In April 2004, Leaders of the US Army Reserve 375th Transportation Group and the 812th Transportation Battalion formed a special provisional unit - the 518th Transportation Company called "Gun Truck" Company. Based in Camp Navistar (located on the Kuwait side of the border Near Safwan, Iraq), this company acquired 35 humvees and five M939 five-ton trucks, and modified them with improvised armor and .50 calibre machine-guns. With many Reserve and National Guard combat arms units already converting and performing Convoy Security Escort service while deployed to Iraq, the need for a special Gun Truck unit proved unfeasible and the unit disbanded in April, 2005.
The use of improvised fighting vehicles, protected by the so-called "Hillbilly armor", quickly became a political issue, with the Bush administration coming under criticism for having sent the U.S. military to fight without adequate equipment. The idea of producing a standardised gun truck was instigated by Representative Duncan Hunter (R.-Calif.), chairman of the House Armed Services Committee, despite the reluctance of some Army superior officers.
Developed with the help of Vietnam veterans by the Lawrence Livermore National Laboratory, the resulting armored box (dubbed the "Hunter box") was intended for use on five-ton trucks. Their armor protection was composed of high-grade steel plating, fiberglass and ballistic glass, while the armament consisted of two to four heavy machine-guns.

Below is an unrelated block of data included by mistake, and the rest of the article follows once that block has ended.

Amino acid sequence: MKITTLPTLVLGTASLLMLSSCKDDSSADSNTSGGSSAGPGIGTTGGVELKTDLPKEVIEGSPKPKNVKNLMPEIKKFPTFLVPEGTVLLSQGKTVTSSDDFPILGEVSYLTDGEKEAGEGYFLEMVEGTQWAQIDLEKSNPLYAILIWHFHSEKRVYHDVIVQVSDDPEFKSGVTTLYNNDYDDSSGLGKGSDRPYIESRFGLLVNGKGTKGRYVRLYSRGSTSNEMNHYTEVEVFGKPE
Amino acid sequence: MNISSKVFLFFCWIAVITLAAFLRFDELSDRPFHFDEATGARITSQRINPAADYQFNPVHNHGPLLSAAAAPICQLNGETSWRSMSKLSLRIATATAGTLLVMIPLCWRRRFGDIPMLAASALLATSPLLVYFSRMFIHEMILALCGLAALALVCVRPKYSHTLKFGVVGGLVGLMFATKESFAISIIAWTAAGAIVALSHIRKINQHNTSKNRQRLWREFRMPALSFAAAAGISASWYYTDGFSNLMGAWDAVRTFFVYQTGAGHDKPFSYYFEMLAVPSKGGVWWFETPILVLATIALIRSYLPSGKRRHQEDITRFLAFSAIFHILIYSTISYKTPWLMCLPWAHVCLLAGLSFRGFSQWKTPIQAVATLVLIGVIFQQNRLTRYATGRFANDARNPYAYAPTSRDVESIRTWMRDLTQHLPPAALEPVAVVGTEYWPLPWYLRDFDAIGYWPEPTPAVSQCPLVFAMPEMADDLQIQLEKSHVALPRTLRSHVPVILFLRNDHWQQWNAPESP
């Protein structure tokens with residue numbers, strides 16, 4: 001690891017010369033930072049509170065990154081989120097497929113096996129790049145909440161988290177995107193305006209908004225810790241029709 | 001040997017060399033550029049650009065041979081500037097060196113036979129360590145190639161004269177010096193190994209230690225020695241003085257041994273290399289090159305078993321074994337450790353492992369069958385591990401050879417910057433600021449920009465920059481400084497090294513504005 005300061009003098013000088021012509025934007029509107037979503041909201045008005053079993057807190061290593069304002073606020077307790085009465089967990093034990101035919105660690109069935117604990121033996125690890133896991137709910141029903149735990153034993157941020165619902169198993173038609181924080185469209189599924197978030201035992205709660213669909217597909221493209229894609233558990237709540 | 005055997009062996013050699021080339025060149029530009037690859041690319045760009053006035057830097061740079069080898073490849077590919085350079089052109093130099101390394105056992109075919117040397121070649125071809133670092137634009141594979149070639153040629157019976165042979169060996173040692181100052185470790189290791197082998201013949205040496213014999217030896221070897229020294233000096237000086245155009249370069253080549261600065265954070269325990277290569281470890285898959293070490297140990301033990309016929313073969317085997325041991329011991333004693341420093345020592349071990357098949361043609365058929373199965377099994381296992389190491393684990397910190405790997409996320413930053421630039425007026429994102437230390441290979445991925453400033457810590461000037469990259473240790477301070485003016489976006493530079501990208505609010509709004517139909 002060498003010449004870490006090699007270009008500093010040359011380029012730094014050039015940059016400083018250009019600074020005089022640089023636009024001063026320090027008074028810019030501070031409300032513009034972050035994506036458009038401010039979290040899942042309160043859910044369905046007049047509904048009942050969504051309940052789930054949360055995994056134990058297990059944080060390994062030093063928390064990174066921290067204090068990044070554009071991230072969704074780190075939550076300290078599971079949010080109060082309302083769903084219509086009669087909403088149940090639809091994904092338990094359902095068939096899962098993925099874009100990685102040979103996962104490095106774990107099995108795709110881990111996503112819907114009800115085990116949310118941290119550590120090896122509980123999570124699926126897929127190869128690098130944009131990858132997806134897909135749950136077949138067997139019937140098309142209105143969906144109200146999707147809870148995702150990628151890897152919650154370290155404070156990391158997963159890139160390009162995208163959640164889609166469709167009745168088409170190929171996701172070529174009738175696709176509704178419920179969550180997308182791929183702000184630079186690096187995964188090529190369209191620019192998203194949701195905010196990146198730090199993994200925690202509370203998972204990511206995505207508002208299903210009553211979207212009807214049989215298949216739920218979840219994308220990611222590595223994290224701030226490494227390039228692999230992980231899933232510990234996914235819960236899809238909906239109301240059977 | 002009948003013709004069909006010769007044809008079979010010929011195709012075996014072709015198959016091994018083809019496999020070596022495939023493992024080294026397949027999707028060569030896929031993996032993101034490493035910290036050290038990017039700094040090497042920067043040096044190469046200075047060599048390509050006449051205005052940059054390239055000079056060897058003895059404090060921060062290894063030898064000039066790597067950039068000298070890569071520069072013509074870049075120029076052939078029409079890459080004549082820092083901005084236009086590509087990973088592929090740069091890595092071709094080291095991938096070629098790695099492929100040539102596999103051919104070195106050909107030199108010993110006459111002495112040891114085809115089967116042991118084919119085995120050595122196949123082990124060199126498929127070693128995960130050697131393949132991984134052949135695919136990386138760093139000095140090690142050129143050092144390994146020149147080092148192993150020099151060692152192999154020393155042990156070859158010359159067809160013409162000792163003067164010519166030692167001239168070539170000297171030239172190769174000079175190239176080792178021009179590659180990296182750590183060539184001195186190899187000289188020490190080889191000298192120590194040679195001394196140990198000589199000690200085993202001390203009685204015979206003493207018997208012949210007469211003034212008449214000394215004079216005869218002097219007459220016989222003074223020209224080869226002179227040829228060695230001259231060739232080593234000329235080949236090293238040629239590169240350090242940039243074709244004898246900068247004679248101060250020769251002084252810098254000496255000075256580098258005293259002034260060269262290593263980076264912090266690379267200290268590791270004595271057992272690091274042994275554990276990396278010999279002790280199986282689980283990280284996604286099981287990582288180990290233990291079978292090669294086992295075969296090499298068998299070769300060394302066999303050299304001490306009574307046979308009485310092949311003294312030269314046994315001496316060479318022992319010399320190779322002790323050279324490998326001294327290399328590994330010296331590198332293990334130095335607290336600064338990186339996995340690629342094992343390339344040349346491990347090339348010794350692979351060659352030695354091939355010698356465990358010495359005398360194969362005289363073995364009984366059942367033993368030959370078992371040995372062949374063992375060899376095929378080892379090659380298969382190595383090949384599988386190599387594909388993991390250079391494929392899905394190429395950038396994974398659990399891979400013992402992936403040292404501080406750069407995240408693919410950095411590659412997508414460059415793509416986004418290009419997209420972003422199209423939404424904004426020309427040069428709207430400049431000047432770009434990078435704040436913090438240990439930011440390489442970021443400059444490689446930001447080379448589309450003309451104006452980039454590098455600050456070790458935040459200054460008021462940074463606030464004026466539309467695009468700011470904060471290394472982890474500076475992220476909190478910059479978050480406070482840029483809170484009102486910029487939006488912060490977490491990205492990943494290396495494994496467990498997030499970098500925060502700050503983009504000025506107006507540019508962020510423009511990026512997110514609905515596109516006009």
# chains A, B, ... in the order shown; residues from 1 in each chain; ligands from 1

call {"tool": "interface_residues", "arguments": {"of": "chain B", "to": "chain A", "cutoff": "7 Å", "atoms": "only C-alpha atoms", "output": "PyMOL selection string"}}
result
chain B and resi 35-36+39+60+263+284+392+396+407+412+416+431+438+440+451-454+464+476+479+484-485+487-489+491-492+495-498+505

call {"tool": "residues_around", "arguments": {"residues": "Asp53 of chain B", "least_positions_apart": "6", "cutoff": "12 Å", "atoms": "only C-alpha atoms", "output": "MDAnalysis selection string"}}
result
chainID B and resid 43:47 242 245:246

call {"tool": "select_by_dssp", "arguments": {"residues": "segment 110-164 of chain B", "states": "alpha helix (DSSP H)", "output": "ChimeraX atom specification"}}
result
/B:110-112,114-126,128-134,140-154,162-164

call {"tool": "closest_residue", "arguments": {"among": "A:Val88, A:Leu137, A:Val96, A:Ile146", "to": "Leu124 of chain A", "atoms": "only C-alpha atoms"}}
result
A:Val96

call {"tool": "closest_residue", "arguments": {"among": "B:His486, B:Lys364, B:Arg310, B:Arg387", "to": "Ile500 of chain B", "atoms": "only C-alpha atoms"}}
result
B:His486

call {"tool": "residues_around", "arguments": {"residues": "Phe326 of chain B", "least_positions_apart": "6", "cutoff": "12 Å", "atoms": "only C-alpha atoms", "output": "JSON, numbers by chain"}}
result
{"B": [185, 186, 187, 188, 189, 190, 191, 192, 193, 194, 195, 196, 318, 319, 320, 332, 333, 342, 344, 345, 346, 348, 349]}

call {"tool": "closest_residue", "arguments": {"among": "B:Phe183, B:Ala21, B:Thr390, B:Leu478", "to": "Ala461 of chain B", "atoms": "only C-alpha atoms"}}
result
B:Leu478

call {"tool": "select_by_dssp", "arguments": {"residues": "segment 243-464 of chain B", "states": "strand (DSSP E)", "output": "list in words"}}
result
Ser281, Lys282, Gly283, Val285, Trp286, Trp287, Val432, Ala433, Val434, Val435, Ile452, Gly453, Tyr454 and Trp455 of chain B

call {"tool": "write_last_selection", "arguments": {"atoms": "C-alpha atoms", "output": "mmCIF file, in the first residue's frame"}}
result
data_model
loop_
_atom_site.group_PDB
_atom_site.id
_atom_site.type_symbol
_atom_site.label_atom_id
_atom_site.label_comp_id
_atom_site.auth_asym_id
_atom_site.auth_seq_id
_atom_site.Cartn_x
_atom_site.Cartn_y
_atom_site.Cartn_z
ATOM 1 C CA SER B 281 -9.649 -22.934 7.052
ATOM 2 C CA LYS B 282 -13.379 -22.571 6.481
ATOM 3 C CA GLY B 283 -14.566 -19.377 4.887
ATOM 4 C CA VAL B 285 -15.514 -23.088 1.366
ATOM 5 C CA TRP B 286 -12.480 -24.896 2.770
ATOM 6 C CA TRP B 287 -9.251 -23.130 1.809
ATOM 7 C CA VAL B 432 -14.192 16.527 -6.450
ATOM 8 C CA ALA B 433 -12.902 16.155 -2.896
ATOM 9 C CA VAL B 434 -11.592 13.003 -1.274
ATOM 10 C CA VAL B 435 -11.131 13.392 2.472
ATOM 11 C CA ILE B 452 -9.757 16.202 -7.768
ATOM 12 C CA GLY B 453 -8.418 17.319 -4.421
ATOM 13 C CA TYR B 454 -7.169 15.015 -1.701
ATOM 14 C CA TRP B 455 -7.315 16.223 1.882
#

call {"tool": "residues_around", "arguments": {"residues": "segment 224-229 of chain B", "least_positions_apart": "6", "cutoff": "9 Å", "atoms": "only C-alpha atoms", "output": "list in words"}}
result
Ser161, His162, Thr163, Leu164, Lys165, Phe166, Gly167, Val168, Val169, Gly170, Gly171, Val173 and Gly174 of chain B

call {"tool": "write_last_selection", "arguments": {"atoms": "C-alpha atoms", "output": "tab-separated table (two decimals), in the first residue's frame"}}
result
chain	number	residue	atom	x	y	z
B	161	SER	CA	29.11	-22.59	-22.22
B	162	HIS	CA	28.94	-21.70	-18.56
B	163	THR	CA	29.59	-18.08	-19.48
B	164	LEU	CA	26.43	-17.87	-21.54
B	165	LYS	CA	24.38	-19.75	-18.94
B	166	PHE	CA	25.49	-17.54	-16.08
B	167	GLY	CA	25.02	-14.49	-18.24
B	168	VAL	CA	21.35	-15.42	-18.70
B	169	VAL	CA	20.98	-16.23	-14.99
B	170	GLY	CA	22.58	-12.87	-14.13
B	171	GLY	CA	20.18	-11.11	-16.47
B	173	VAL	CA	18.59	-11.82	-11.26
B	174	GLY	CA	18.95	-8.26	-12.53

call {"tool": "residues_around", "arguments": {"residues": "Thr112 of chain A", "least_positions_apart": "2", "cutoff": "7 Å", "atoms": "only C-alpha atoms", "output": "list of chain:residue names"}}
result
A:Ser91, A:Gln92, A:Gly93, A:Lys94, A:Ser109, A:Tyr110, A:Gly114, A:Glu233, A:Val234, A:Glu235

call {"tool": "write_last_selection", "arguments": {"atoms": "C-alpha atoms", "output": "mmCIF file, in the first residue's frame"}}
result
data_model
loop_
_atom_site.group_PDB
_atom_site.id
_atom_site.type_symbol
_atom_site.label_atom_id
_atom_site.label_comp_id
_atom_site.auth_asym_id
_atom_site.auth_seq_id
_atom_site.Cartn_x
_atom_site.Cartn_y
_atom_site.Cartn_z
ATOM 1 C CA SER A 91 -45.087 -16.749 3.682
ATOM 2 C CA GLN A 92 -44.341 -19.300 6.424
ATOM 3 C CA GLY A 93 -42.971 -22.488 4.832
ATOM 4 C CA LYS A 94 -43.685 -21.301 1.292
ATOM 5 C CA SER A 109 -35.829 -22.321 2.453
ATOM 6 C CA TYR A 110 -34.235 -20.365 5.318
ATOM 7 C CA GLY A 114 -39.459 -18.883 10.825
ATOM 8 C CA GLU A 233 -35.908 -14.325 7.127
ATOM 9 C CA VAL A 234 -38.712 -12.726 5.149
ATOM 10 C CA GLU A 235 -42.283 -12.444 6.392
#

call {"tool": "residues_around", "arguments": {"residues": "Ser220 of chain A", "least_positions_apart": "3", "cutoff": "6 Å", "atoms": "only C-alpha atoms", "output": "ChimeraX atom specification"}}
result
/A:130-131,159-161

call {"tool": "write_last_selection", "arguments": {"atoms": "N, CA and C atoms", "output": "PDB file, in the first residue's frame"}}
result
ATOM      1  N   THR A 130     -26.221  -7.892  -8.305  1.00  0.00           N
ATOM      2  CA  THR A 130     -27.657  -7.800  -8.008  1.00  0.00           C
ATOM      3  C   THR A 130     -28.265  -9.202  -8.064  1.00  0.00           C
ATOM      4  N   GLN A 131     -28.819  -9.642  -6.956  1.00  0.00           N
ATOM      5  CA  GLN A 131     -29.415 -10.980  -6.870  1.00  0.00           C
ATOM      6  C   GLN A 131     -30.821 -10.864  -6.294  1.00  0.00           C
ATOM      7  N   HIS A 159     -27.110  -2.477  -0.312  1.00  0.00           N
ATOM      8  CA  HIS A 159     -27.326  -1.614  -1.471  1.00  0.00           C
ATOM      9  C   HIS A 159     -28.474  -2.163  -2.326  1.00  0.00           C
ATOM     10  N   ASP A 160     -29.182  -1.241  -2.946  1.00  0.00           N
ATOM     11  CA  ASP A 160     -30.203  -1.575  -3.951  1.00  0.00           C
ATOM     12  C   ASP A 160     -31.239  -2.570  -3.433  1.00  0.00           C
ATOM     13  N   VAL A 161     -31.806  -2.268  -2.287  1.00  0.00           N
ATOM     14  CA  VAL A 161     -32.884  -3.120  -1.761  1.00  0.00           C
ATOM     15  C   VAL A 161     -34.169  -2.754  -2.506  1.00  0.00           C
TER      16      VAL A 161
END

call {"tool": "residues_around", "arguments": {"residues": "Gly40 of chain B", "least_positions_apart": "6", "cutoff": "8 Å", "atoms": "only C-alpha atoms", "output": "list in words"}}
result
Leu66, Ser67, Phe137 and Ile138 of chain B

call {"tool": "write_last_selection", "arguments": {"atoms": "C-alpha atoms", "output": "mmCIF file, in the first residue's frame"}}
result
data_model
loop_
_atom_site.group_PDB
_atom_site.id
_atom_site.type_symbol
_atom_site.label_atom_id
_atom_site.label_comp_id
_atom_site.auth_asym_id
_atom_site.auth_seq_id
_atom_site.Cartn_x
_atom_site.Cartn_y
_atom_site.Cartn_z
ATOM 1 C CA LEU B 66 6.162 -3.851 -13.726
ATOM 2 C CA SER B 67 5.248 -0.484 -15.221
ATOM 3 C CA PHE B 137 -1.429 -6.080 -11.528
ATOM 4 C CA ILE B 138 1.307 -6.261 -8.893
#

The first prototype was completed in March 2004, and shipped to Iraq in July 2004, after which production began at a slow rate, with 35 units in service by July 2005. As of September 2007, a total of 100 kits have been produced for Iraq, and 18 for use in Afghanistan. The "Hunter boxes" apparently proved popular with U.S. troops, but were criticized by senior officers for their lack of overhead protection, and for being top-heavy, however few cases exist to prove their doubts in this equipment.
Fully armored M1114s and factory-built add-on-armor kits for the Humvee gun truck were arriving in quantity by the end of 2004, and the cab armor kits for fleet of 5-ton trucks, M915 tractors and Heavy Equipment Transport Systems began arriving the next year. Priority of the M1114s went to Iraq-based escort units while the Kuwait-based truck companies that had to drive all across Iraq received the add-on-armor kits until more M1114s arrived. The soldiers appreciated the much needed armored protection but the extra weight of the add-on-armor kits slowed the Humvee's acceleration and speed substantially. The suspension and power train wore out quickly. The modified heavier vehicle's sluggishness could not match the manoeuvre capabilities of the insurgent vehicles. By the Palm Sunday Ambush on March 20, 2005, all vehicles on the road had some form of armor whether improvised or factory built. After suffering high losses during this ambush, with no Americans killed, the insurgents turned to IEDs as their primary weapon of choice.